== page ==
Bringing transparency and accuracy to the marketplace by producing high-quality data on all types of hard problems is a main focus for today’s guest and the company he works for. I am pleased to welcome David Marvin to Impact AI. David was the Co-Founder and CEO of Salo Sciences, which was acquired by Planet last year, and is now the Product Lead for Forest Ecosystems there! He joins me today to talk about monitoring forests. We delve into his background and path to Salo Sciences and their eventual acquisition by Planet; including the original mission and vision and what they worked to accomplish at Salo. David then explains his goals and focus at Planet, and unpacks the types of satellite imagery, models, and sensors they incorporate into their data and outputs. He highlights their approach to validation, how they are reducing bias, and how they are integrating extensive knowledge to empower their machine learning developers to create powerful models.Key Points:David shares details about his background and path to Salo Sciences and Planet.The original vision and mission of Salo Sciences and what they did there.He explains how they leveraged large-scale airborne LiDAR collections and deep learning to create maps of vegetation fuels.His goals and focus at Planet.David unpacks the types of satellite imagery, models, and sensors they incorporate into their data and outputs.How they validate that their models work in places where they do not have Airborne LiDAR.Reducing the bias that results from only having data in a heterogeneous distribution of LiDAR sites around the world.How they integrate their extensive knowledge to empower their machine-learning developers in creating powerful models.The business benefits he’s seen from publishing and making it a priority.His advice to other leaders of AI-powered startups.His thoughts on the impact of the forest monitoring efforts at Planet in three to five years.Quotes:“A company like Planet was essentially probably the only company we would have really ever been acquired by just given their vision and the fact that they have their own satellites and we’re a satellite software company.” — David Marvin“[At Salo Sciences] we leveraged high-quality airborne LiDAR measurements of forests all over California. Airborne LiDAR is one of these technologies, these sensors, that was on that airplane back in my post-doc lab. It shoots out hundreds of thousands of pulses of laser light per second and reflects back to the sensor, and it can basically recreate in three dimensions a forest, or a city, whatever your mapping target is. It's extremely precise. It's centimeter-level accuracy, and it's very high-quality data. We consider that the gold standard of forest measurement.” — David Marvin“Ultimately, we want to produce a near-tree-level map of the world's forests, and we're well on our way to doing that and expect to be releasing that later this summer, or in the fall.” — David Marvin“We approach the validation aspect from a few different angles, trying to source as many different independent data sets as possible to do validation. Then we also like to do comparisons to well-known public data sets; either from academia or from governments.” — David Marvin“You really do have to have the three legs of the stool to be able to build a quality operational product that is meant for forest monitoring.” — David Marvin“Making sure you have scientists on your team, making sure you're still active in the scientific publishing community, that you're up on the latest papers that are coming out, and basically acting like a scientist in an industry position is crucial to make any product work; especially in branding markets, like forest monitoring and carbon markets.” — David MarvinLinks:David MarvinDavid Marvin on LinkedInDavid Marvin on xSalo SciencesPlanetResources for Computer Vision Teams:LinkedIn – Connect with Heather.Computer Vision Insights Newsletter – A biweekly newsletter to help bring the latest machine learning and computer vision research to applications in people and planetary health.Computer Vision Strategy Session – Not sure how to advance your computer vision project? Get unstuck with a clear set of next steps. Schedule a 1 hour strategy session now to advance your project.Foundation Model Assessment – Foundation models are popping up everywhere – do you need one for your proprietary image dataset? Get a clear perspective on whether you can benefit from a domain-specific foundation model.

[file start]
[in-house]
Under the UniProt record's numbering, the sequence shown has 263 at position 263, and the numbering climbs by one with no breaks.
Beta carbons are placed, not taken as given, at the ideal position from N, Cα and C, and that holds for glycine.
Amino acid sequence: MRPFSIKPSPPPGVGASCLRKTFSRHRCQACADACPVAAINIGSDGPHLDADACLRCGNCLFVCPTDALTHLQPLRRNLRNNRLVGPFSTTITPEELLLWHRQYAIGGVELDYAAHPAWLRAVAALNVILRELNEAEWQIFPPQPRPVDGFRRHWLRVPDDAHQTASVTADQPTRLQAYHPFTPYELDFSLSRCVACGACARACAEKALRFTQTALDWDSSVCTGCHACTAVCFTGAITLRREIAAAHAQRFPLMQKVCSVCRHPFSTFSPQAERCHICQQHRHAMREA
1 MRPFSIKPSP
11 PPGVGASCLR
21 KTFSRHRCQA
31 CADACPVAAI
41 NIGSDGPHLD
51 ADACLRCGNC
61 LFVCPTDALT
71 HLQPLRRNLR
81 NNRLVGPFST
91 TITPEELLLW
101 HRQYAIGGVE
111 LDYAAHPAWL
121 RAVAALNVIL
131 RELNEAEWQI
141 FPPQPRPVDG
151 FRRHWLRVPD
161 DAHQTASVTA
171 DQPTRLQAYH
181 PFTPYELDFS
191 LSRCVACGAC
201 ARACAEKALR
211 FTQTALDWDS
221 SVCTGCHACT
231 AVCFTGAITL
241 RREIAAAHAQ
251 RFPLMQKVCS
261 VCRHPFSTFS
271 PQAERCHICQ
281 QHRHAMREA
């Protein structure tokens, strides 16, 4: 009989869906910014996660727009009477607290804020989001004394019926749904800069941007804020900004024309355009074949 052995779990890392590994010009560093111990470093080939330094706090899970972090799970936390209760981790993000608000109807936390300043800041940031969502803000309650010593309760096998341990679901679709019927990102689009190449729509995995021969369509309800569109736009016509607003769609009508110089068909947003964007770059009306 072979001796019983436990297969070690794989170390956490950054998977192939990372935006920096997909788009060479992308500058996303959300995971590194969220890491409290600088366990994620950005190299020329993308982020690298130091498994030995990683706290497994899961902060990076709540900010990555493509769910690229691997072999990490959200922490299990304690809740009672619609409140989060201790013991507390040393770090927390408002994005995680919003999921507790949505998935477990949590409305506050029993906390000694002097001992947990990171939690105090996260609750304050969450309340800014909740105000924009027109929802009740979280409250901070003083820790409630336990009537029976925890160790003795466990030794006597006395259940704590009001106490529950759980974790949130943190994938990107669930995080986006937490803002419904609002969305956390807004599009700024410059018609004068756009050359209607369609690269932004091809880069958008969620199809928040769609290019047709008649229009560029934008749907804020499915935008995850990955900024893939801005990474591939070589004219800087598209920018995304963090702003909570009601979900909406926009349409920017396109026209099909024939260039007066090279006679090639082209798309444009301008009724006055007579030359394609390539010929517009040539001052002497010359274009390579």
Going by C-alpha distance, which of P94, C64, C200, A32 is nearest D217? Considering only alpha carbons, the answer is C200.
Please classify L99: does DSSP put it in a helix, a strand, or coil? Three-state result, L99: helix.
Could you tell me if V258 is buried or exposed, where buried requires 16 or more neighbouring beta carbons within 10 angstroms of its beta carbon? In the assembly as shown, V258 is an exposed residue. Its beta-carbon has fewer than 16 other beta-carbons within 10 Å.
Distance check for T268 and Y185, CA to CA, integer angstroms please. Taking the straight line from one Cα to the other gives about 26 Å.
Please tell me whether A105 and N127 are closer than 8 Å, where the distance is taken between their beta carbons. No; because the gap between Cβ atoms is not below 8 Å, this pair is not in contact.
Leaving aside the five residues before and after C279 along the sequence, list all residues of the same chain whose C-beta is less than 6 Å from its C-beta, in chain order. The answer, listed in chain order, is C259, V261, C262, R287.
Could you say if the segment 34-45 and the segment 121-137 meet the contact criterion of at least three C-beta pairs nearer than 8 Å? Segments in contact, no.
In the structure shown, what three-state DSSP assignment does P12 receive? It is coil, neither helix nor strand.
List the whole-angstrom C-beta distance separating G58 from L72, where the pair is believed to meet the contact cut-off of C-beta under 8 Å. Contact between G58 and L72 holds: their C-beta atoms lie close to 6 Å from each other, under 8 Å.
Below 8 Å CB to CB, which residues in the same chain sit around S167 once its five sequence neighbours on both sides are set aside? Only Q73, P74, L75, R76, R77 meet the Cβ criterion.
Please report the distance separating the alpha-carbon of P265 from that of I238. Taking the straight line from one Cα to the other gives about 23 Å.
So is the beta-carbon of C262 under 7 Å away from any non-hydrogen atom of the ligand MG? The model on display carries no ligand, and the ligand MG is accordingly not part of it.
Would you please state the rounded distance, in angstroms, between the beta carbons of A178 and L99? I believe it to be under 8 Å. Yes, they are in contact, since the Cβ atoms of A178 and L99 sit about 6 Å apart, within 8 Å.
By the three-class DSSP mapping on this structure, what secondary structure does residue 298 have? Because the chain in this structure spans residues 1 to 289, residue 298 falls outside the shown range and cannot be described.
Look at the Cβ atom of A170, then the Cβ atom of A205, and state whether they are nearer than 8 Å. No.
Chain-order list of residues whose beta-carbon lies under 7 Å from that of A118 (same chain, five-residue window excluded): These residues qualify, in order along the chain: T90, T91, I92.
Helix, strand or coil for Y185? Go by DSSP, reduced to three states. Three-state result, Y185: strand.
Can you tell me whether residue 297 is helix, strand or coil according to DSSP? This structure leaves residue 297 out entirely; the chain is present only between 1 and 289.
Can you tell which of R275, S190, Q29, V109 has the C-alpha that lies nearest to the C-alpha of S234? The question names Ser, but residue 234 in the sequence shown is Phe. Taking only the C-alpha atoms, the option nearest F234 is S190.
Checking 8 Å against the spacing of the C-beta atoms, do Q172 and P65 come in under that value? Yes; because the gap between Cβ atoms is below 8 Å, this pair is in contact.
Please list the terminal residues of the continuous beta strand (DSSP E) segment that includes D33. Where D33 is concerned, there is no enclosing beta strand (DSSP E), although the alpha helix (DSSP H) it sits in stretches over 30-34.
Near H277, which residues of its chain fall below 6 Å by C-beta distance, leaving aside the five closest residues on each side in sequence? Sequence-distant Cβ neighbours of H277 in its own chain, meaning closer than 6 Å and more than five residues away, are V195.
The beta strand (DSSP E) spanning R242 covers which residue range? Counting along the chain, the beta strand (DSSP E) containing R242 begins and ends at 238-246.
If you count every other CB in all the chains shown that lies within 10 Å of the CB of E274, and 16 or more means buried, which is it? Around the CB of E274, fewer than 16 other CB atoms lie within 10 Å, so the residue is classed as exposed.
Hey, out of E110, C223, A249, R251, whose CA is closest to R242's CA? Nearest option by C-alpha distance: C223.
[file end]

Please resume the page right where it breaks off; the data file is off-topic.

Foundation models have been at the forefront of AI discussions for a while now and joining me today on Impact AI is a leader in the creation of foundation models for pathology, Senior Vice President of Technology at Paige AI, Razik Yousfi. Tuning in, you’ll hear all about Razik’s incredible background leading him to Paige, what the company does and how it’s revolutionizing cancer care, and the role machine learning plays in pathology. Razik goes on to explain what foundation models are, why they are so helpful, how to train one, the differences in training one for pathology specifically, and how they use foundation models at Paige AI. We then delve into the challenges associated with the creation of foundation models before my guest shares some advice for leaders in machine learning. Finally, Razik tells us where he sees Paige AI in the next few years.Key Points:Introducing today’s guest, Razik Yousfi.An overview of Razik’s background and what led him to become Senior Vice President of Technology at Paige AI. What Paige does and why it’s important for cancer care. The role machine learning plays in pathology. Razik tells us what a foundation model is, why it’s useful, and what it takes to train one. The subtle differences in training a foundation model for pathology versus other data. How they are using foundation models at Paige AI. Razik discusses what the future of foundation models for pathology looks like. Why Razik doesn’t suggest that every organization build a foundation model. Our guest shares some advice for leaders of machine learning teams. Where he sees the impact of Paige AI in the next three to five years. Quotes:“Paige is focusing on digital and computational pathology. In other words, we really bring AI and novel AI solutions to the field of pathology to help pathologists make better-informed decisions.” — Razik Yousfi“A foundational model is a model trained on a very large set of data. The idea there is that you can, in turn, use that foundation model to build a wide range of downstream applications.” — Razik Yousfi“Building a foundation model is not easy. So, I wouldn't necessarily recommend to every organization to build a foundation model.” — Razik YousfiLinks:Razik Yousfi on LinkedInRazik Yousfi Email AddressRazik Yousfi on XPaige AIResources for Computer Vision Teams:LinkedIn – Connect with Heather.Computer Vision Insights Newsletter – A biweekly newsletter to help bring the latest machine learning and computer vision research to applications in people and planetary health.Computer Vision Strategy Session – Not sure how to advance your computer vision project? Get unstuck with a clear set of next steps. Schedule a 1 hour strategy session now to advance your project.Foundation Model Assessment – Foundation models are popping up everywhere – do you need one for your proprietary image dataset? Get a clear perspective on whether you can benefit from a domain-specific foundation model.